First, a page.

According to a 2014 study, phenethylamine-betaxanthin, a betalain, lowered the function of an inflammatory enzyme by 32%.
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5. Keeping anemia at bay
Iron, a component of red blood cells, is abundant in beetroots. Red blood cells can’t carry oxygen around the body if they’re deficient in iron.
Iron deficiency anemia is a disorder that affects people who have low levels of iron. The risk of this illness can be reduced by including iron-rich foods in one’s diet.
The following are the signs and symptoms of iron deficiency anemia:
headaches, fatigue, loss of breath, dizziness, and a quick heartbeat.
6. Increasing athletic capacity
Nitrates and betalains, two chemicals found in beetroot juice, may help athletes perform better.
A systematic review published in 2017 found that Nitrates can improve athletic performance by increasing blood flow and oxygen to muscles, according to a reliable source.
The benefits of betalain on 28 experienced male cyclists were investigated in a 2018 study. Every day for a week, the bikers were given either 100 mg of beetroot concentrate or a placebo. The beetroot concentrate group had improved exercise efficiency and enhanced blood flow when compared to the placebo group.
In most circumstances, eating beets or drinking beetroot juice is safe and does not cause any adverse reactions.
Because of the natural colors in beets, drinking beetroot juice on a regular basis can change the color of urine and feces. Beeturia is the term for pink or purple urine, as well as pink or purple excrement. These hue shifts aren’t harmful and shouldn’t be taken seriously.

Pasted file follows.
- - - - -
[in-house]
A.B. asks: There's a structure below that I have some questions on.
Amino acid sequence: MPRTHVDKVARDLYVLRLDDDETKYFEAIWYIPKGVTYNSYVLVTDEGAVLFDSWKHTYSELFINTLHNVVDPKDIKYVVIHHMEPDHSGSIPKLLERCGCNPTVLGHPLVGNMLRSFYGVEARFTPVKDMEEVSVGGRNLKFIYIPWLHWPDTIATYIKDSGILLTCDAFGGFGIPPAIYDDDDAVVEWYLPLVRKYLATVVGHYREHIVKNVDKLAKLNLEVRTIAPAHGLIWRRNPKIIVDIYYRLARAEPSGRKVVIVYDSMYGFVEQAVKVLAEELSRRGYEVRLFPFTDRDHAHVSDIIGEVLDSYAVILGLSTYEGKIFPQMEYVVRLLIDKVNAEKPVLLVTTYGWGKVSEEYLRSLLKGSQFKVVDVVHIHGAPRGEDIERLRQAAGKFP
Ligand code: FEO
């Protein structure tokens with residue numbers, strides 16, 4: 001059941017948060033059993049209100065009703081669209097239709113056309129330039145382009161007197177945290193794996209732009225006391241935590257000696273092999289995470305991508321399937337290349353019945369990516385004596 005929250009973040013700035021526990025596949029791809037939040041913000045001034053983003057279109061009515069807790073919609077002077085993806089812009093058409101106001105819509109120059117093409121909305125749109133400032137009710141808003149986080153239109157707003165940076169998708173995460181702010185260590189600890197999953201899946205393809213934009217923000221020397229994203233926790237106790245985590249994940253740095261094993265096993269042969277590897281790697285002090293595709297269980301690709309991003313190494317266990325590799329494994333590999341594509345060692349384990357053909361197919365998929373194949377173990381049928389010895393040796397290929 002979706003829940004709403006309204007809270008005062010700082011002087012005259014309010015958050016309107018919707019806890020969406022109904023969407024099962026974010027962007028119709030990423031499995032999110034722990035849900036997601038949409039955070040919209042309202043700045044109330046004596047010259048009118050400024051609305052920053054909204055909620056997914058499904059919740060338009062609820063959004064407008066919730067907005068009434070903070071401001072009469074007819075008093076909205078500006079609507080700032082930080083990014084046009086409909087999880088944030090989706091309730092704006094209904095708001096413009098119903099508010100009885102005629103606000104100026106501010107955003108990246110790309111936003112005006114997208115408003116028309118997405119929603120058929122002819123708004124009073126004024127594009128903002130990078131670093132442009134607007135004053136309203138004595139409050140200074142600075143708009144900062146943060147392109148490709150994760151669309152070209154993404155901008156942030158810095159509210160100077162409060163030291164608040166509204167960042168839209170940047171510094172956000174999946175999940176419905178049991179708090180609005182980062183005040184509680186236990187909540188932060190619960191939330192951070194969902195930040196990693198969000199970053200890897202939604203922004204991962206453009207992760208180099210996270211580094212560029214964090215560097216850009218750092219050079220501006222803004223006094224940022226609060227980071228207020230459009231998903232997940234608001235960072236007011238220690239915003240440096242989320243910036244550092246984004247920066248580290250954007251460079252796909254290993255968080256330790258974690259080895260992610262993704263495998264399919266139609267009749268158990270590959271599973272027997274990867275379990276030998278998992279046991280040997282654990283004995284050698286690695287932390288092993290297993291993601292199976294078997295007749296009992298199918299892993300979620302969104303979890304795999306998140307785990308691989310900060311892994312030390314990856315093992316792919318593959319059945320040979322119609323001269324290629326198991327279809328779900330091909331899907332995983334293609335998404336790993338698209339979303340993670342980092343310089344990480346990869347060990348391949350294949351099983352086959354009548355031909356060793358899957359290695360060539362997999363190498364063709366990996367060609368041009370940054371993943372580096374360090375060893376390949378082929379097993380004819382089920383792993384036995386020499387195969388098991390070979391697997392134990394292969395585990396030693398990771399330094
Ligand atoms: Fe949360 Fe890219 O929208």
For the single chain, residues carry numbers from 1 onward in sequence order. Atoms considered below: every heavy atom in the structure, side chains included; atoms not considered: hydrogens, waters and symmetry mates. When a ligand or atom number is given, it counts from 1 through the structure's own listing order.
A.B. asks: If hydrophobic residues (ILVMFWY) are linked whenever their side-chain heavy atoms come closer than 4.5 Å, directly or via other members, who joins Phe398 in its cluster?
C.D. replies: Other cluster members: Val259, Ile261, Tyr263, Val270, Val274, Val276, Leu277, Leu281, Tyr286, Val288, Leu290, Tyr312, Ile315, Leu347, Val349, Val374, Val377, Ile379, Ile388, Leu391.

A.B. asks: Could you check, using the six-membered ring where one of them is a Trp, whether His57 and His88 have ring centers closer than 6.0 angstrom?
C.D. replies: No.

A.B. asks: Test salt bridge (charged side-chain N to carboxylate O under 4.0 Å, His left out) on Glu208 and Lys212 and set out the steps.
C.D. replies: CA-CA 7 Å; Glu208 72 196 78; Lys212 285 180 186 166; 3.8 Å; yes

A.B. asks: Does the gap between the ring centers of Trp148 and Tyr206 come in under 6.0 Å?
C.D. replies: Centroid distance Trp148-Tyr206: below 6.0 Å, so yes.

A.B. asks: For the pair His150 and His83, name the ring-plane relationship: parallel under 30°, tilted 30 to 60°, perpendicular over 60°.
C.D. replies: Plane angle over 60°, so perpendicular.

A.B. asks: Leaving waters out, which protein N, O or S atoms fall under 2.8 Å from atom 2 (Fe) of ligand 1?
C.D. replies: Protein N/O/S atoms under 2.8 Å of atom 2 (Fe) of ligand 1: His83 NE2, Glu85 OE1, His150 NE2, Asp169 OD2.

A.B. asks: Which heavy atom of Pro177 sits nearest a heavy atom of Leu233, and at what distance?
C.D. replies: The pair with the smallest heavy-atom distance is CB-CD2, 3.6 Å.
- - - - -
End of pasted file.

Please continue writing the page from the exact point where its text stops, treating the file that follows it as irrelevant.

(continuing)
Beetroot juice contains nitrates, which alter blood pressure. Before including beets or beetroot juice in one’s diet, anyone with low blood pressure or who is actually undertaking prescribed medication should consult a doctor.
Beets are high in oxalates, which can lead to kidney stones in persons who are predisposed to them.
Beetroot Juice: How to Make It
Using a juicer, blender, or food processor, anybody can prepare beet juice at home.
Prepare the beets in the following manner:
1. Before thoroughly washing the beets, trim the tops off. For added nutrition, keep the beetroot skin on.
2. Finely chop the beets.
How to make beet juice:
1. Place a basin or pitcher in front of a juicer to capture any leftover material.
2. Place one beetroot piece at a time into the juicer.
3. Pour the beet juice into a glass and drink it right away, or chill it in the refrigerator for later.
How to make the beets blend:
1. In a blender, combine the beetroot pieces with a dash of water to help soften the beetroot.
2. Blend until completely smooth.
3. Using cheesecloth or a fine-mesh strainer, drain the juice to remove big lumps.
4. Remove the pulp from the beetroot juice and pour it into a glass. You can either chill it or serve it right away. Beet juice can be consumed alone or mixed with juice from other fruits and vegetables.
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Beetroots are a nutritious supplement to nearly everyone’s diet. Beetroots can be eaten raw or cooked, or beetroot juice can be consumed to reap the health advantages. Beet juice has several nutrients that are lost during the healing process.